Damages instruction allowing jury to award up to $150,000 for future pain and suffering in negligence action against van driver and employer did not authorize a verdict in excess of the “amount claimed” in the response to interrogatories, even though interrogatories failed to specifically itemize category for “future” pain and suffering, given that motorist’s response to interrogatories adequately informed van driver and employer of the “amount claimed” in unliquidated damages.

Purpose, and only requirement, of rule sanctioning a party for failing to respond to interrogatory requesting amount claimed as unliquidated damages by precluding claim for such damages at trial, is that information be furnished as to the “amount claimed” in unliquidated damages, not an itemization of each category of unliquidated damages for which that amount is claimed.

A request for a categorization of damages is not within the requirement of rule sanctioning a party for failing to respond to interrogatory requesting amount claimed as unliquidated damages by precluding claim for such damages at trial. Thompson v. Sherwin Williams Co., Inc., 113 S.W.3d 140 (Ky. 2003)

A pedestrian was precluded from recovering unliquidated damages for lost wages, past and future pain and suffering, and past and future medical bills, in personal injury action against property owner, in excess of the damages last claimed in pedestrian’s answers to interrogatories, where pedestrian violated trial court order requiring claims for damages to be exchanged with opposing counsel and filed in the record no later than ten days before trial, because the supplemental damages claims were not filed until five days before trial and were not received by property owner until the day before trial, and pedestrian did not bring a motion for leave for a late filing of the trial-compliance nor a motion for leave to file supplemental answers to interrogatories, though pedestrian’s answers to interrogatories had stated that pedestrian would supplement, before trial, her claims for unliquidated damages.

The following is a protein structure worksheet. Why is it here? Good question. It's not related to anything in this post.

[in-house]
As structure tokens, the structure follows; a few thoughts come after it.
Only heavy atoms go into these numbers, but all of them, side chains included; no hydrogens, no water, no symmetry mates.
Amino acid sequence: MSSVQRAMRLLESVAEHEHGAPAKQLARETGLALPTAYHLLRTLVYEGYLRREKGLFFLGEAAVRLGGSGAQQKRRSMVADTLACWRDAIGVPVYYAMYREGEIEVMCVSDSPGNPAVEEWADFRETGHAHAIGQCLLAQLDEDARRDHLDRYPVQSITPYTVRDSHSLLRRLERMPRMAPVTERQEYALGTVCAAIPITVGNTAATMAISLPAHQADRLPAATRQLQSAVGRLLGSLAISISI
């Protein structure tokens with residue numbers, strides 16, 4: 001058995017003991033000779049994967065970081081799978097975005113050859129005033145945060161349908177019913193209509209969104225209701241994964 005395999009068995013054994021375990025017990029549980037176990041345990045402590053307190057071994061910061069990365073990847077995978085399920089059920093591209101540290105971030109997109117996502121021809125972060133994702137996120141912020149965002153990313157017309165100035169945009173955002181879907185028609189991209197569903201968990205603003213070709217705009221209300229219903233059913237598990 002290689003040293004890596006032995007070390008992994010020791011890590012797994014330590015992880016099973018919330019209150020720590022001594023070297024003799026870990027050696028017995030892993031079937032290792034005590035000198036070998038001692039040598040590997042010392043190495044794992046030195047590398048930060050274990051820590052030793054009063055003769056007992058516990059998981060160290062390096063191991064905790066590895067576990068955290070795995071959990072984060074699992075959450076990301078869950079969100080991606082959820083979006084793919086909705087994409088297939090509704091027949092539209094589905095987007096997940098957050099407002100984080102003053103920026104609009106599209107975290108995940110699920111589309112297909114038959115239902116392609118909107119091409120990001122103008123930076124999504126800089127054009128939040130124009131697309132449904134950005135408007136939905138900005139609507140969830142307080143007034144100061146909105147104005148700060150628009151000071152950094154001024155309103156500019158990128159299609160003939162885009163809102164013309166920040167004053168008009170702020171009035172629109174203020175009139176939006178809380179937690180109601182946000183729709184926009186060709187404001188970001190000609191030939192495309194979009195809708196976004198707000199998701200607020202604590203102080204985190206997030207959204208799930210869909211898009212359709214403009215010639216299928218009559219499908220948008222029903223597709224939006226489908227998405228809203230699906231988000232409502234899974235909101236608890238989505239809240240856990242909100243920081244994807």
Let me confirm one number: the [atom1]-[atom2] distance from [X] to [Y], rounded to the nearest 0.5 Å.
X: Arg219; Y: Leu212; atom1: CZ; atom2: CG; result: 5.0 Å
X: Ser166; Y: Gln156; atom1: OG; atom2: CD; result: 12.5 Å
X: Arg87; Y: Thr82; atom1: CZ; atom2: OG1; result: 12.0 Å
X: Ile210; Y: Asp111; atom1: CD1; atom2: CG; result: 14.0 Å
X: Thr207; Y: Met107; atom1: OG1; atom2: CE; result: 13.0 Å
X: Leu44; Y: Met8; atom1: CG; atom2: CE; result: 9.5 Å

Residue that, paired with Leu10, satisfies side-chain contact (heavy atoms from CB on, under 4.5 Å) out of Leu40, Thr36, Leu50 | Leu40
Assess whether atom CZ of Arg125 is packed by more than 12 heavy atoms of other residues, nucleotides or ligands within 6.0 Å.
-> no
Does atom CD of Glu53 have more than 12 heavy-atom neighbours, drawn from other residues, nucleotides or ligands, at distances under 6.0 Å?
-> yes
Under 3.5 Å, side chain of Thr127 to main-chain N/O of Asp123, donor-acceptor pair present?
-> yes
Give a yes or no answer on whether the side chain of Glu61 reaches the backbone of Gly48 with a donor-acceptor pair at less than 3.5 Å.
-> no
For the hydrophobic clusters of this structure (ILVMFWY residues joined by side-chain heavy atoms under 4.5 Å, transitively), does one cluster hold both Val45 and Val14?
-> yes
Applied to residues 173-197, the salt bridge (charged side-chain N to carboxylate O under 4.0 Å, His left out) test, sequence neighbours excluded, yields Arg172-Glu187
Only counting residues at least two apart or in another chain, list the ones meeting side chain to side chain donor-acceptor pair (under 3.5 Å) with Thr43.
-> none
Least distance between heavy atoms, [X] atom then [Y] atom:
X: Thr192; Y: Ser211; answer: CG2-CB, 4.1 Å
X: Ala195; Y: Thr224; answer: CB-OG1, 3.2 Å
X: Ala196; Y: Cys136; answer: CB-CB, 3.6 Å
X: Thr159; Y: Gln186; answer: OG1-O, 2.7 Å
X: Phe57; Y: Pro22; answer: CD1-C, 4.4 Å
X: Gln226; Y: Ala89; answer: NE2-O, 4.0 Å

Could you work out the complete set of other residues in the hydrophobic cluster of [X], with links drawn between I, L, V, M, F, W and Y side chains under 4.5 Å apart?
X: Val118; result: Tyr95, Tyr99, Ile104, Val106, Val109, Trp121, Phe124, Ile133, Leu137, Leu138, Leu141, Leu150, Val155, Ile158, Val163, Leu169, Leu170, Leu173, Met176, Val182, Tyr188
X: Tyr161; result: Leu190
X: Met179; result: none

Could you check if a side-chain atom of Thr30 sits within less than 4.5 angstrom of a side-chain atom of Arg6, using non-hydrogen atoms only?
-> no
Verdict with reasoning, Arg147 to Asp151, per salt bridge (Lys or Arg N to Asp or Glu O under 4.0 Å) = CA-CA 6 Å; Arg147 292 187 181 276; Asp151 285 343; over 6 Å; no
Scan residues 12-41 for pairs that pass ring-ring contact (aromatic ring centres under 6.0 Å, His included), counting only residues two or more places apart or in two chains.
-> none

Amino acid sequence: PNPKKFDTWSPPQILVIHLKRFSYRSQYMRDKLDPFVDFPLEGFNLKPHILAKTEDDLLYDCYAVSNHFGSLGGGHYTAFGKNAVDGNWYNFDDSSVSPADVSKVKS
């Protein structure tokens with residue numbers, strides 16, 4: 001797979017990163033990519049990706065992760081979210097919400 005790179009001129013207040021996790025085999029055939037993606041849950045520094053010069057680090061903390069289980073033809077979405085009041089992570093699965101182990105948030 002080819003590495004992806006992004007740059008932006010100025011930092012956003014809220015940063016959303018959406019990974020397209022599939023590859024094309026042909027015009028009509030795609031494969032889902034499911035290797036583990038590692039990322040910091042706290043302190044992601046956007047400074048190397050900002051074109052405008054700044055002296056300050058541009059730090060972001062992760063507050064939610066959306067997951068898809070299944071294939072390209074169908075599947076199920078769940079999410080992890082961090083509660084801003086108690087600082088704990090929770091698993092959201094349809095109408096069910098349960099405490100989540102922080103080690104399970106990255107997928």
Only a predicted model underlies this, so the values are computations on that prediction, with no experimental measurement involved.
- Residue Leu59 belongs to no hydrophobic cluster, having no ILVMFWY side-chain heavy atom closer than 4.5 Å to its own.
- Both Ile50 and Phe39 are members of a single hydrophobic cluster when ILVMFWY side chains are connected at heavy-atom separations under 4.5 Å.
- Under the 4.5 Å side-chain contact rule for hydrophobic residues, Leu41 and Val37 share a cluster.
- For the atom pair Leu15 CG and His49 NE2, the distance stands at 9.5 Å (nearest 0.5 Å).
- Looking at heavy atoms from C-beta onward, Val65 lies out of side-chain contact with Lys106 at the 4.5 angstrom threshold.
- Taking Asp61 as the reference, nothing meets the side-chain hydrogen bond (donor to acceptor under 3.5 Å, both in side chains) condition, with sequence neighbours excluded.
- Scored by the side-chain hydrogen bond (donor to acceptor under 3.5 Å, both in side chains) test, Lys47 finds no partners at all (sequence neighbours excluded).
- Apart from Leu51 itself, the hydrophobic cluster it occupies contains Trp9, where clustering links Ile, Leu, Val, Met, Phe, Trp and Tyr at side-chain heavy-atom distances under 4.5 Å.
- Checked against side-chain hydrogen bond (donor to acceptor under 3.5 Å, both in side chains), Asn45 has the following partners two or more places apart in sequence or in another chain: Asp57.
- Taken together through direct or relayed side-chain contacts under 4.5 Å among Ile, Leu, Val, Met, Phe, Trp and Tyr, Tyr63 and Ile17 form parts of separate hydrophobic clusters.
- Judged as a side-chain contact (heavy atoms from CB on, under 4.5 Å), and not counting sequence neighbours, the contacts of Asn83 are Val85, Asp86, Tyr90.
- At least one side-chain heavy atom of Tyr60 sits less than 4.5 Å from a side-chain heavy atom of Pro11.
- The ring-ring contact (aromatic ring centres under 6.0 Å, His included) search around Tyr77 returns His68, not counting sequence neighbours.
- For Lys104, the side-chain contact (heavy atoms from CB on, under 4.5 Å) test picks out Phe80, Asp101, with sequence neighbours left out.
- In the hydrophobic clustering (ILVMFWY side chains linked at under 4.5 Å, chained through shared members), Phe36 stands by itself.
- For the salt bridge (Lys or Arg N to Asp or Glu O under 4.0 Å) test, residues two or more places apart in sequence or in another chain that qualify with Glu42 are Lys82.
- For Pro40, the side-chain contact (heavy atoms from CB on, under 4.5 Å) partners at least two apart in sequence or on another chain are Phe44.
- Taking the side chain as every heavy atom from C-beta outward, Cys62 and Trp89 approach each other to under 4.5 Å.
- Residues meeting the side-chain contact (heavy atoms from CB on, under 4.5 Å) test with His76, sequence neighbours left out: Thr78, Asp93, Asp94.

The role of the rule limiting a plaintiff to recovering the amount of unliquidated damages last stated in an answer to interrogatories is to provide notice of the damages at stake; circumvention of this rule reduces the likelihood of case settlement. LaFleur v. Shoney’s, Inc., 83 S.W.3d 474 (Ky. 2002)

Error in admitting evidence of plaintiffs claim of damages for pain and suffering, future medicals, lost wages, and impairment of earning power and instructing the jury on the same was not harmless, in personal injury negligence action, where plaintiff failed to provide any amount for her unliquidated damages claims in response to defendant’s discovery requests.

Rule of civil procedure governing claims for relief implies that a plaintiff has the right to supplement her answers to defendant’s interrogatories concerning claims for unliquidated damages.

Any attempt to supplement answers to interrogatories after trial has commenced is not seasonable, although nothing in the rules precludes a trial court from entertaining a motion to supplement answers to interrogatories after trial has commenced.

Although trial court had to sanction plaintiff, for failing to respond to interrogatory that requested amounts of claimed unliquidated damages, by precluding her from claiming such damages at trial, better practice would have been for plaintiff to seasonably supplement her answers to interrogatories, or, after a seasonable time had expired, to move the trial court to allow her to supplement her answers.

By omitting any amount for damages other than her medical expenses in response to interrogatory requesting identification of each item of damages, plaintiff effectively stated that her claim for unliquidated damages for pain and suffering, future medicals, lost wages, and impairment of earning power, which were all included in the complaint, was nothing, and thus, plaintiffs claim for unliquidated damages at trial could not exceed $0.00, in plaintiff’s personal injury negligence action.

The purpose of the rule, sanctioning a party for failing to respond to interrogatory requesting the amount claimed as unliquidated damages by precluding claim for such damages at trial, is to allow a party to discover the amount an opposing party is seeking for unliquidated damages claims, not to apprise a party of the nature of an opposing party’s claims for unliquidated damages. Fratzke v. Murphy, 12 S.W.3d 269 (Ky. 1999)

Plaintiffs’ failure to specify the amount sought for permanent impairment to earn money in response to defense interrogatory, which clearly requested information regarding all damages sought, barred recovery of such damages. Bums v. Level, 957 S.W.2d 218 (Ky. 1997) 

CR 8.01(2) prevents the court from awarding an insured additional sums to reimburse him for expert witness fees, long distance telephone expenses, and lost earnings incurred by him in his investigation and defense of a malpractice claim where the insured did not claim the expenses in answering interrogatories served by the insurance company in an action brought by the insured for reimbursement. National Fire Ins. Co. v. Spain, 774 S.W.2d 449 (Ky.App. 1989